“But instead of glass,” Bauer laughed, “erotica starts arriving at their flat by the boxload.”
The comedy escalates as the young couple (newly wed husband and wife in real life, Katie Lawson and Derek Moran) attempt to cope, secretly, with an apparently ceaseless flood of erotic material. Ultimately the situation takes a u-turn into hilarious madness. In short order, a bank examiner and bank supervisor, inquisitive, if plodding, police officers, some unexpected ‘ladies’ whose intentions are unclear, a well-meaning bank clerk friend and, most fearsome of all, Peter’s mother-in-law, Eleanor (played by Linda Goranson, who likens her character to Keeping Up Appearances’ Hyacinth Bucket) land in the Hunter home.
“There’s lot of action in this farce, continuous action,” laughed Bauer. “I would say there is just as much comedy back stage at times with this play too. Melissa, Justine and Jocelyn (crew members) are coping with the timing, the revolving props and shoving actors out on stage on cue.”
“It’s timing, timing, timing in a farce,” said newcomer to UCP, Jackie English, who plays one of the mysterious ladies. “And in this play there are so many surprises. The stakes just keep going up.”
“There’s not just one big revelation in this show,” Derek Moran added. “There’s a hundred big reveals.”
Because farce demands stamina and agility from the cast, blocking has to be thoroughly worked out. Actor Katie Leamen admitted that she’d already gone flying when she rounded the sofa a little too quickly (“In Go Go Boots, yet!”) in rehearsal. But, “this is a wonderful cast,” said Bauer, “and we’ll make sure everyone can be seen, that no one crashes into anything and that an actor can actually make it from one side of the set to the other in 30 seconds flat.”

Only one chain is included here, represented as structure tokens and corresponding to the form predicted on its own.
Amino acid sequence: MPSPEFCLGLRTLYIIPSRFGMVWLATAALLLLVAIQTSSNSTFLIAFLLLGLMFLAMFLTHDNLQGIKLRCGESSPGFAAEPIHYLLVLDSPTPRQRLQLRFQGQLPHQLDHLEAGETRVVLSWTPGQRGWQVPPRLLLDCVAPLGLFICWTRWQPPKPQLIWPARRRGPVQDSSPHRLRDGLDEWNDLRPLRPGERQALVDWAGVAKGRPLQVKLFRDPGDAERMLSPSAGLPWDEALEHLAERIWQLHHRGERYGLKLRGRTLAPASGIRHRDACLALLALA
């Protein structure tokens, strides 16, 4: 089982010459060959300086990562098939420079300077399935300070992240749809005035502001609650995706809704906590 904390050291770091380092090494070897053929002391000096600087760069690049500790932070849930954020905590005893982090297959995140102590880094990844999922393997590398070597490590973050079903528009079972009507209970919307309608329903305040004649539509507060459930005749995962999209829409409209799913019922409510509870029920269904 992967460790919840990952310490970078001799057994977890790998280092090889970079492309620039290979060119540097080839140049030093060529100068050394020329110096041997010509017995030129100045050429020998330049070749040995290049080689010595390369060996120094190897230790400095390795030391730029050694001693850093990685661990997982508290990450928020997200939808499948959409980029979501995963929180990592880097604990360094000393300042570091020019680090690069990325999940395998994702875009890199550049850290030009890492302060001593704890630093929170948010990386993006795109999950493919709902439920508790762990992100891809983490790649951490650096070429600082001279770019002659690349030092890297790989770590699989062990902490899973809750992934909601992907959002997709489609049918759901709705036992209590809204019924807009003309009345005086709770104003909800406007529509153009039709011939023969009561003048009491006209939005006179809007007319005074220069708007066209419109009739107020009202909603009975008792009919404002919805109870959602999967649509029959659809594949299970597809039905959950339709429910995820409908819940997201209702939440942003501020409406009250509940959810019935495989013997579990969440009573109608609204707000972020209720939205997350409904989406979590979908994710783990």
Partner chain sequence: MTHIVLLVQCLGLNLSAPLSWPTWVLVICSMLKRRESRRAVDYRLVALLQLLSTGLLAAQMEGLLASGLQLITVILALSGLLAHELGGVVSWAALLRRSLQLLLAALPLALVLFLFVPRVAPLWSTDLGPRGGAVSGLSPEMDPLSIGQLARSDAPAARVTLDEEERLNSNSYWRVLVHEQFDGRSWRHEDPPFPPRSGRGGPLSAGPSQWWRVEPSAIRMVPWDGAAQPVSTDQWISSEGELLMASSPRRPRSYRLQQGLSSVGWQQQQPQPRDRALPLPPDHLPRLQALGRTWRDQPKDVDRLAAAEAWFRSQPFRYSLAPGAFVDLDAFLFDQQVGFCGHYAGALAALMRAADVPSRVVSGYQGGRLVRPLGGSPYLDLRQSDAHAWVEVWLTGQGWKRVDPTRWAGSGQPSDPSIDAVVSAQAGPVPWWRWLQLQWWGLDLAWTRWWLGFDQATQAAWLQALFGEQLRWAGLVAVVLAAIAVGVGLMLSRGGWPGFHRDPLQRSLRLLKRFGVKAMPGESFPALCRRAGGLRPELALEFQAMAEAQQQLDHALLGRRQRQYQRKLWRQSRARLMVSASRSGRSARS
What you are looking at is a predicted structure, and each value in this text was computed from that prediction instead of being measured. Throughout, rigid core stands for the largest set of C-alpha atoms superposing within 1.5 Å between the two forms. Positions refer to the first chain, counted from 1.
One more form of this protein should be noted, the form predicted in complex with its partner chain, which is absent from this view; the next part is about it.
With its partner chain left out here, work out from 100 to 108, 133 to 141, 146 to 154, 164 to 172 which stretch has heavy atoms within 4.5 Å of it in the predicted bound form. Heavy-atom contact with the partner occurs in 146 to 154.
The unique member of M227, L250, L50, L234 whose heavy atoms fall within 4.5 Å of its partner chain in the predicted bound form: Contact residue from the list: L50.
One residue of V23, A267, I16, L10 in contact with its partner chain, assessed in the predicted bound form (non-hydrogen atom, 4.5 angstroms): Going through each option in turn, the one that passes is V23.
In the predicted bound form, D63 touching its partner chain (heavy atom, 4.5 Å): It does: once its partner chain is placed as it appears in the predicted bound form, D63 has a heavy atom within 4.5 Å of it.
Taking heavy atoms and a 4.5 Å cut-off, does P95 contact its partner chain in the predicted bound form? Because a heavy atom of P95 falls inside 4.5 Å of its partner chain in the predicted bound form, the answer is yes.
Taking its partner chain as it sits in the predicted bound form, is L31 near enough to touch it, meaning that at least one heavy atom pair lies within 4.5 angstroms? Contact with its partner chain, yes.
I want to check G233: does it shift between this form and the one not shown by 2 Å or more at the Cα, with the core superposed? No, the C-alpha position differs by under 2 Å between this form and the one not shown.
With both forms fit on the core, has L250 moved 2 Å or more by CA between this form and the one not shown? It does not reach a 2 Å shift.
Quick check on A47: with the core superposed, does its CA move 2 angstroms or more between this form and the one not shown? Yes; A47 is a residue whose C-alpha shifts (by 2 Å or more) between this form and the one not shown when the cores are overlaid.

Brian Young, well known to local theatre goers, said “It’s true that farce makes big demands, but it also gives actors a lot of energy. It’s fun.”
Veteran actor Walter Learning is returning for his ninth production at the Playhouse. “I may soon get it right,” he laughed, then added that there is “lots of energy here, and a great environment. Audiences are wonderful.”
Katie Lawson, also a returnee to the Playhouse, remarked that “it’s great to come here to Upper Canada, to enjoy being in such an hilarious comedy. It’s good to hear audiences laugh.”
And Shaun Clark, who first stepped on to the stage in Seduced by Moonlight, in the original Toothbrush Factory some 20 years ago, feels like he’s come “full circle.”
Director Bauer is confident the cast dynamics, the hilarity of the script, and the wonderful set built for the production will ensure a rollicking good time for all as No Sex Please, We’re British prepares to open August 1.
“It’s great to be working with wonderful old friends and with exciting new actors in this production. What a strong mix!”
For tickets to No Sex Please, We’re British, contact Upper Canada Playhouse in Morrisburg at 613-543-3713 or go to uppercanadaplayhouse.com.